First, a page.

St. Frances Xavier Cabrini
St. Frances Cabrini is the patron saint of immigrants. Pope Leo XIII suggested to her that she go to the United States to help the Italian immigrants, mostly in great poverty, who were pouting into the country. An immigrant herself, she embodied the strength of the immigrant women she served. She founded the Missionary Sisters of the Sacred Heart, a religious institute that was a major support to these immigrants. Her sisters provided schools and health care to those who were often not welcomed and whose voices and needs were ignored. During her lifetime she founded 67 institutions: in New York; Chicago; Des Plaines, Illinois; Seattle; New Orleans; Denver; Golden, Colorado; Los Angeles, and Philadelphia. Mother Cabrini was the first naturalized citizen of the United States to be canonized by the Roman Catholic Church. Her life and work are extremely relevant at this time when immigrants have once again become a major political issue. She and those whom she helped to move into meaningful lives are a witness to the richness and contributions of immigrants who make up the complex history of this country. Mother Cabrini died in 1917 and in the hundred years since her death, the descendants of the immigrants she served have enriched this country in all professions, politics, the arts, music and as contributing citizens. Her example speaks to us at this moment of national stress.
May we imitate the compassion and concern of Mother Cabrini in our attitudes toward immigrants.
Reflect on your own heritage. How were your ancestors treated when they came to this country? Why did they come? What contribution have people of your heritage made to this country? Assess the attitudes toward immigrants today? Where do you stand?
When a stranger sojourns with you in your land, you shall not do him wrong. You shall treat the stranger who sojourns with you as the native among you, and you shall love him as yourself, for you were strangers in the land of Egypt: I am the Lord your God.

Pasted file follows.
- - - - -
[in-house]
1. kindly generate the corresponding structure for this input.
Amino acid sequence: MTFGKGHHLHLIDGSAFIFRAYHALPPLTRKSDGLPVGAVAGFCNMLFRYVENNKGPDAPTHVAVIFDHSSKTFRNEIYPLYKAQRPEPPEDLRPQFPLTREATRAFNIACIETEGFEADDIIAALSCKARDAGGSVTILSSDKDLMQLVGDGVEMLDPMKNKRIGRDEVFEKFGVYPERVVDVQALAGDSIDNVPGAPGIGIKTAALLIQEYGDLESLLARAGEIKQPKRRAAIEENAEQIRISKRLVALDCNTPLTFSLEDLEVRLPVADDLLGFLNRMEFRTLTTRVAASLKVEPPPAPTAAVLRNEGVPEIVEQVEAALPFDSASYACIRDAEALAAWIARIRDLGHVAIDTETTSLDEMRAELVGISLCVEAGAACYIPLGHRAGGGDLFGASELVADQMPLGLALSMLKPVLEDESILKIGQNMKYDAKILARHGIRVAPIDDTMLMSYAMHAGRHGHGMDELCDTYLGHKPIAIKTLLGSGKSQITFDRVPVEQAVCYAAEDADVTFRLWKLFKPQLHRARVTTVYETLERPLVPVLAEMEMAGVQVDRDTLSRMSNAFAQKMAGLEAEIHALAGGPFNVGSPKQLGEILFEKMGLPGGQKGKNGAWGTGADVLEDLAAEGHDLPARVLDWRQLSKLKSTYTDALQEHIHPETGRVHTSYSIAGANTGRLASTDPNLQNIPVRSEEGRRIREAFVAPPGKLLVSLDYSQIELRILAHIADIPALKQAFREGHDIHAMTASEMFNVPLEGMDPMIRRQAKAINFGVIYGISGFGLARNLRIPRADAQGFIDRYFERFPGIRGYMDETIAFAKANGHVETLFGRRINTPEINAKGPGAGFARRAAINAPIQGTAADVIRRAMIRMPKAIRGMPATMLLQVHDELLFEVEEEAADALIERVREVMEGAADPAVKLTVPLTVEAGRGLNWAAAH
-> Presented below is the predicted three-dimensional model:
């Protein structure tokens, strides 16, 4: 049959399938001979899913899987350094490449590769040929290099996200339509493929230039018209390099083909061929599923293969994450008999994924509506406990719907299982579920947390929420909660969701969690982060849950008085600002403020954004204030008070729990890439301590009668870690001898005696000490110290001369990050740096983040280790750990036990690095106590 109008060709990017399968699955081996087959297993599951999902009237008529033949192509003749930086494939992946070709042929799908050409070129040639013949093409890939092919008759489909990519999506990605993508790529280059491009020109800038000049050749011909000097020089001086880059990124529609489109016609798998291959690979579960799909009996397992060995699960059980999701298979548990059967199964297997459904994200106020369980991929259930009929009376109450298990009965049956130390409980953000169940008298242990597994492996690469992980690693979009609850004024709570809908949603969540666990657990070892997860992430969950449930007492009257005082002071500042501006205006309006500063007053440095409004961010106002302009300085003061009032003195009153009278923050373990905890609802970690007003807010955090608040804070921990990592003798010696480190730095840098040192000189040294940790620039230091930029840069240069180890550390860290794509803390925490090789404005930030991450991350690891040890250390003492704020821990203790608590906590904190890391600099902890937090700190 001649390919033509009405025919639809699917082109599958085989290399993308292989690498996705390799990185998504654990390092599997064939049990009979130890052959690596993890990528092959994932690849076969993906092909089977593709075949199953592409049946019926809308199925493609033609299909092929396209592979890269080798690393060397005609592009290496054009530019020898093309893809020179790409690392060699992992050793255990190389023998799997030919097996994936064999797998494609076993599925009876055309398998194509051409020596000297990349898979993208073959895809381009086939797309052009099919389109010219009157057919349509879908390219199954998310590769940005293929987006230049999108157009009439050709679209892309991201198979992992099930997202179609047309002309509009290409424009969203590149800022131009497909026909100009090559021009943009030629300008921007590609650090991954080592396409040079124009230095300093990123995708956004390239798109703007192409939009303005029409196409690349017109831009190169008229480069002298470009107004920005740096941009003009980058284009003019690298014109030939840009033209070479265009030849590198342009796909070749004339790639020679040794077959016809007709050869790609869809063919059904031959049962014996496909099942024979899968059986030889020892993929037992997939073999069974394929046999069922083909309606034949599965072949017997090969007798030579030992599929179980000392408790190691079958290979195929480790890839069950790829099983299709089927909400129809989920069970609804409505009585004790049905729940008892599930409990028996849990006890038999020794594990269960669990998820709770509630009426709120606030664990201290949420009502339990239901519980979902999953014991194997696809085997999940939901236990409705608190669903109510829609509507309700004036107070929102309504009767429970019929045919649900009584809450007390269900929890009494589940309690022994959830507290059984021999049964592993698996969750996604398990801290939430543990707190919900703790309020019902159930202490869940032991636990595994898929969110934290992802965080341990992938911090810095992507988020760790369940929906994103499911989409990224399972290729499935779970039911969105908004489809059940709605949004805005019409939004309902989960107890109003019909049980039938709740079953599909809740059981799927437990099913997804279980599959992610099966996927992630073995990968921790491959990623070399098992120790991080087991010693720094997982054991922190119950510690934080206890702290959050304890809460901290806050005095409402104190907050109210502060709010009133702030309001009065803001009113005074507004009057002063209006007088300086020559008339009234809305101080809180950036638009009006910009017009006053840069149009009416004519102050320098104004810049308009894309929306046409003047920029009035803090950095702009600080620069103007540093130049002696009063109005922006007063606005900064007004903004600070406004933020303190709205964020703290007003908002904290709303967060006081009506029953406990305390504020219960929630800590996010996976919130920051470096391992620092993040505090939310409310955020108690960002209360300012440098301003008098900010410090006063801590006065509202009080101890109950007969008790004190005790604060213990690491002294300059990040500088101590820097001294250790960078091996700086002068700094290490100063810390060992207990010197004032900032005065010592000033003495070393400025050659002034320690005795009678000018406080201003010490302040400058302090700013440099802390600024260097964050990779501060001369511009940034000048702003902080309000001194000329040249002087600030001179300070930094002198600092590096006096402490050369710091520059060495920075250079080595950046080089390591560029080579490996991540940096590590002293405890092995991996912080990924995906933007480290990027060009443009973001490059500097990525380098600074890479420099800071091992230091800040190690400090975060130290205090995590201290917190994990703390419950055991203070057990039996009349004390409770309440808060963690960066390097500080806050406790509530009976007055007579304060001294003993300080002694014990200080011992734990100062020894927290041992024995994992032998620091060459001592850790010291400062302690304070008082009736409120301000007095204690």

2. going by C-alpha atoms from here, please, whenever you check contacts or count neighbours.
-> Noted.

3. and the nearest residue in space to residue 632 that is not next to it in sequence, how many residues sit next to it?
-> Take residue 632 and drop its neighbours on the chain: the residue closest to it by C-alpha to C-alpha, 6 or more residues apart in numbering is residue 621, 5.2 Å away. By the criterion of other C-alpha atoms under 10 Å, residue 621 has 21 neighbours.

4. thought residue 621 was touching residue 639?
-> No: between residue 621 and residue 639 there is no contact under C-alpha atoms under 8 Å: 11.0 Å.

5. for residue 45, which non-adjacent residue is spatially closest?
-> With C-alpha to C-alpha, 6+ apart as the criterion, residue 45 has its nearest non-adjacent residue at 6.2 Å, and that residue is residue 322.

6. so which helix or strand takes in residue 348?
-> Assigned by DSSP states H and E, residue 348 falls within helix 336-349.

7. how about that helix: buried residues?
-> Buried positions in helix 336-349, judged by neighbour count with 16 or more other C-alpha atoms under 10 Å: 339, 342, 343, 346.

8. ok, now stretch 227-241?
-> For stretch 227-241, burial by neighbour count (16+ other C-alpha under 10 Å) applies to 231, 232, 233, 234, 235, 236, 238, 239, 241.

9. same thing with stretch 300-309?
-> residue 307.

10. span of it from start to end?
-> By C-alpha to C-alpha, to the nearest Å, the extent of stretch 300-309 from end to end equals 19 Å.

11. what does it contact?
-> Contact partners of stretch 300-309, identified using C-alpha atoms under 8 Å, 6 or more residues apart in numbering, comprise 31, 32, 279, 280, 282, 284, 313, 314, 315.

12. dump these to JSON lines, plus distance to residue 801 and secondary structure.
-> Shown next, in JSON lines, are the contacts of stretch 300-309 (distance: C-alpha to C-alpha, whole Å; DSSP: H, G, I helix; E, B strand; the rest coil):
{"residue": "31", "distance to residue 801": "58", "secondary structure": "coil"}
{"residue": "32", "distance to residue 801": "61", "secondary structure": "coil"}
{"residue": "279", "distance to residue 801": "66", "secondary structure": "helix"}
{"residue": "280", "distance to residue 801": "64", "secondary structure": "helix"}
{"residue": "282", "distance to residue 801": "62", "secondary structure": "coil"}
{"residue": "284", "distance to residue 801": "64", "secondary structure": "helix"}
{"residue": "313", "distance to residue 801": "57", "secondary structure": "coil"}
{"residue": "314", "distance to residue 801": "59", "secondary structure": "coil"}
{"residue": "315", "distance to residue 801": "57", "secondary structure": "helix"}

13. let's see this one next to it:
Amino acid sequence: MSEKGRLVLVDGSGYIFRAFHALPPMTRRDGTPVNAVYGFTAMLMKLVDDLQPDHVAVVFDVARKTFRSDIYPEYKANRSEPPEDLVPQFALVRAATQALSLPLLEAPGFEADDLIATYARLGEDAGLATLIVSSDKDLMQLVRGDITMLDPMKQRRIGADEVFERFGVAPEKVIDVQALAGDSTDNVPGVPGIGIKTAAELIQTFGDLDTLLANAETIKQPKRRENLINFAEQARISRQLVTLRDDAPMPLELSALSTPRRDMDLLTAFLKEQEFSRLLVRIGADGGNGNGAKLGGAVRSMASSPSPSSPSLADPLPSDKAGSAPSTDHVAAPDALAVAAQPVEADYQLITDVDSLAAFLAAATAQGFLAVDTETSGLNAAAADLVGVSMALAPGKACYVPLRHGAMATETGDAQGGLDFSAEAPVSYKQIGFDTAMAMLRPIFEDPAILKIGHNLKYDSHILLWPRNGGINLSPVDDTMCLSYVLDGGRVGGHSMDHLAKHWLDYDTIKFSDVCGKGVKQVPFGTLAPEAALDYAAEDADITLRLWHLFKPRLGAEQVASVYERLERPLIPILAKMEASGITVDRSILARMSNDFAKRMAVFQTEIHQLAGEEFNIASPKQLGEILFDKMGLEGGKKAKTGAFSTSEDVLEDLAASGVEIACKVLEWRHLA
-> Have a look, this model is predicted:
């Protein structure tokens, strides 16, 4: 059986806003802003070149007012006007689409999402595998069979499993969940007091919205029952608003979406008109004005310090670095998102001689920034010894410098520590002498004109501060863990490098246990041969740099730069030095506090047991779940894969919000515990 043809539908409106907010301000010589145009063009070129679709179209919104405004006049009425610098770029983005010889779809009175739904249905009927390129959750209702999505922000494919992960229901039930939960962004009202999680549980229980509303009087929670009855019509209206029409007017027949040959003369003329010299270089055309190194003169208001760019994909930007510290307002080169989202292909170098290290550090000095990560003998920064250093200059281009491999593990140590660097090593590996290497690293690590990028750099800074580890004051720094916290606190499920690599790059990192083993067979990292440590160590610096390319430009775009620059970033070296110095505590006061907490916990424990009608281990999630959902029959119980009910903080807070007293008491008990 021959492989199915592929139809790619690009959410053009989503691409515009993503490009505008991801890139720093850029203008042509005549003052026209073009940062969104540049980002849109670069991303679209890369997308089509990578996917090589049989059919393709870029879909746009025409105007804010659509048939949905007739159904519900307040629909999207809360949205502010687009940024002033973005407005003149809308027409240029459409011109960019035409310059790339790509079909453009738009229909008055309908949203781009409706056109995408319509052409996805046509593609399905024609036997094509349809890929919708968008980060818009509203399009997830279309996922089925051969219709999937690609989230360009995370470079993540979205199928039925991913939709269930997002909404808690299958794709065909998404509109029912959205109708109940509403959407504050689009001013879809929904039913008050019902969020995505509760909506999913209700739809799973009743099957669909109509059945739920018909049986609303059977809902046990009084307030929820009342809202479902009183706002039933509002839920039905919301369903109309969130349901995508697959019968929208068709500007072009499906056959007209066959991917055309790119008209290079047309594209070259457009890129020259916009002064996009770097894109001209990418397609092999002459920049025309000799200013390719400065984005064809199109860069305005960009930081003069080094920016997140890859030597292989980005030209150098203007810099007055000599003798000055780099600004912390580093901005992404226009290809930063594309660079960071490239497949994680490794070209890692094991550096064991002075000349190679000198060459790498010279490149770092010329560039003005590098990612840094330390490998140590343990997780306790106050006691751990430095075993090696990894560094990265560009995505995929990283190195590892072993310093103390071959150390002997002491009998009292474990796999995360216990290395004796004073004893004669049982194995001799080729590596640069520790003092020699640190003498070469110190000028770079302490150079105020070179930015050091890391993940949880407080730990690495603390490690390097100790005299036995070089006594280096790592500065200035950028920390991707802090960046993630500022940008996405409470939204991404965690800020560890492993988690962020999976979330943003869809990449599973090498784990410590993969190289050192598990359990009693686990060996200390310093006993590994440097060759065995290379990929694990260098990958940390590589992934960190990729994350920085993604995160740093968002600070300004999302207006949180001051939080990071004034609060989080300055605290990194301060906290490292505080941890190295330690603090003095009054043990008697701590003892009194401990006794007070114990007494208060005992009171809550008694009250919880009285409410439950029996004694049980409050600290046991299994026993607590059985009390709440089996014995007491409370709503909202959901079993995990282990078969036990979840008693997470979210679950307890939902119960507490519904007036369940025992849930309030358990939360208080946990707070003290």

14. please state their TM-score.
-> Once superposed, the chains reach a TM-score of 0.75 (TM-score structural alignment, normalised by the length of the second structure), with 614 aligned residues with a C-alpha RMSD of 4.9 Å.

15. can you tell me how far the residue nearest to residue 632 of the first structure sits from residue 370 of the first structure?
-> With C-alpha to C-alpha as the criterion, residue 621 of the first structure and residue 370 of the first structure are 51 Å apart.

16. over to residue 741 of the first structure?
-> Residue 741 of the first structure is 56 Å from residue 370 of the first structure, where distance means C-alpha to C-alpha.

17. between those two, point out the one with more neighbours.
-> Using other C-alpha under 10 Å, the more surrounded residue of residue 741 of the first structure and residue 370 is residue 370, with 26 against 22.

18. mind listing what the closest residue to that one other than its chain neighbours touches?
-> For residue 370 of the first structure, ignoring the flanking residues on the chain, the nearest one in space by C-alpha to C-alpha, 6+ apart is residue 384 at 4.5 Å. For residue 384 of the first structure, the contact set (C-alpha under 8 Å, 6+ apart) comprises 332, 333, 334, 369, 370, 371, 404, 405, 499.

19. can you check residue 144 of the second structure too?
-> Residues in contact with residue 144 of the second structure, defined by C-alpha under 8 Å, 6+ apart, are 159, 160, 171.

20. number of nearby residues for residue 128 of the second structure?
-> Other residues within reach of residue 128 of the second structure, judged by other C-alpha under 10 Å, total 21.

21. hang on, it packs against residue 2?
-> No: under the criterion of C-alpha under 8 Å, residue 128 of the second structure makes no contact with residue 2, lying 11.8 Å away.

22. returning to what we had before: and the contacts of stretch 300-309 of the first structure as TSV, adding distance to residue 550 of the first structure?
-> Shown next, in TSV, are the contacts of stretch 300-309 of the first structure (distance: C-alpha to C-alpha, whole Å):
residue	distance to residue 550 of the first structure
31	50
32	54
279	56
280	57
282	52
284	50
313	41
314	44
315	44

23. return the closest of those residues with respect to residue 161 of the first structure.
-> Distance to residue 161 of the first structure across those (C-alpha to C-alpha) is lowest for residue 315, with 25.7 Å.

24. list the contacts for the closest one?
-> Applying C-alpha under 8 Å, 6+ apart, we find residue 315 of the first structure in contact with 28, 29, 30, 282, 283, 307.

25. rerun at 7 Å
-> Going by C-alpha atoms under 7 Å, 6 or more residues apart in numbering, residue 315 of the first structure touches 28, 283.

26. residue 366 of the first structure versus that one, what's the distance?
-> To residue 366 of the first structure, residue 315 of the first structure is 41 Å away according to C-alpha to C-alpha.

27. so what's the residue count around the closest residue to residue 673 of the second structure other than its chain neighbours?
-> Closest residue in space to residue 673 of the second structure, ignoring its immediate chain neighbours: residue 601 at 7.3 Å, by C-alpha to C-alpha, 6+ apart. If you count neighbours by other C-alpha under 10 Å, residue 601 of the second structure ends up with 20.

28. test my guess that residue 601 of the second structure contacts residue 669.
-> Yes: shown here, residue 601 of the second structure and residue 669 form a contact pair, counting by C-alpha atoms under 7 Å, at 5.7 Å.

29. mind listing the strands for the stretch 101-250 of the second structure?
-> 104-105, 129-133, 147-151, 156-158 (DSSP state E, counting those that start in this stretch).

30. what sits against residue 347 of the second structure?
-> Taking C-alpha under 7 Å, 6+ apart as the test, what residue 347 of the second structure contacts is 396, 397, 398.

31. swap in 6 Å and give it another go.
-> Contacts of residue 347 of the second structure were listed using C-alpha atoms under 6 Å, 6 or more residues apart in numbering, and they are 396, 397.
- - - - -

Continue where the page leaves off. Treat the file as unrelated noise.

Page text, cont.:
For I was hungry and you gave me food, I was thirsty and you gave me drink, I was a stranger and you welcomed me.
This is a nation that no single ethnic group or privileged economic class “owns. It’s a country where a person who comes from nowhere can still make a difference.
Pope Francis at Independence Hall 2015
We call upon all people of good will, but Catholics especially, to welcome the newcomers in their neighborhoods and schools, in their places of work and worship, with heartfelt hospitality, openness, and eagerness both to help and to learn from our brothers and sisters of whatever religion, ethnicity, or background. Welcoming the Stranger Among Us: Unity in Diversity, A Statement of the U.S. Catholic Bishops
As Catholics we are called to take concrete measures to overcome the misunderstanding, ignorance, competition, and fear that stand in the way of genuinely welcoming the stranger in our midst and enjoying the communion that is our destiny as Children of God. Welcoming the Stranger Among Us: Unity in Diversity, A Statement of the U.S. Catholic Bishops
Everywhere immigrants have enriched and strengthened the fabric of American life.
John F. Kennedy
My fellow Americans, we are and always will be a nation of immigrants. We were strangers once, too.
America was born as a nation of immigrants who have always contributed to its greatness.
Charles B. Rangel
Our nation is built upon a history of immigration, dating back to our first pioneers, the Pilgrims. For more than three centuries, we have welcomed generations of immigrants to our melting pot of hyphenated America: British-Americans; Italian-Americans; Irish-Americans; Jewish-Americans; Mexican-Americans; Chinese-Americans; Indian-Americans.
What has happened to us in this country? If we study our own history, we find that we have always been ready to receive the unfortunate from other countries, and though this may seem a generous gesture on our part, we have profited a thousand fold by what they have brought us.
America was indebted to immigration for her settlement and prosperity. That part of America which had encouraged them most had advanced most rapidly in population, agriculture and the arts.
People come here penniless but not cultureless. They bring us gifts. We can synthesize the best of our traditions with the best of theirs. We can teach and learn from each other to produce a better America.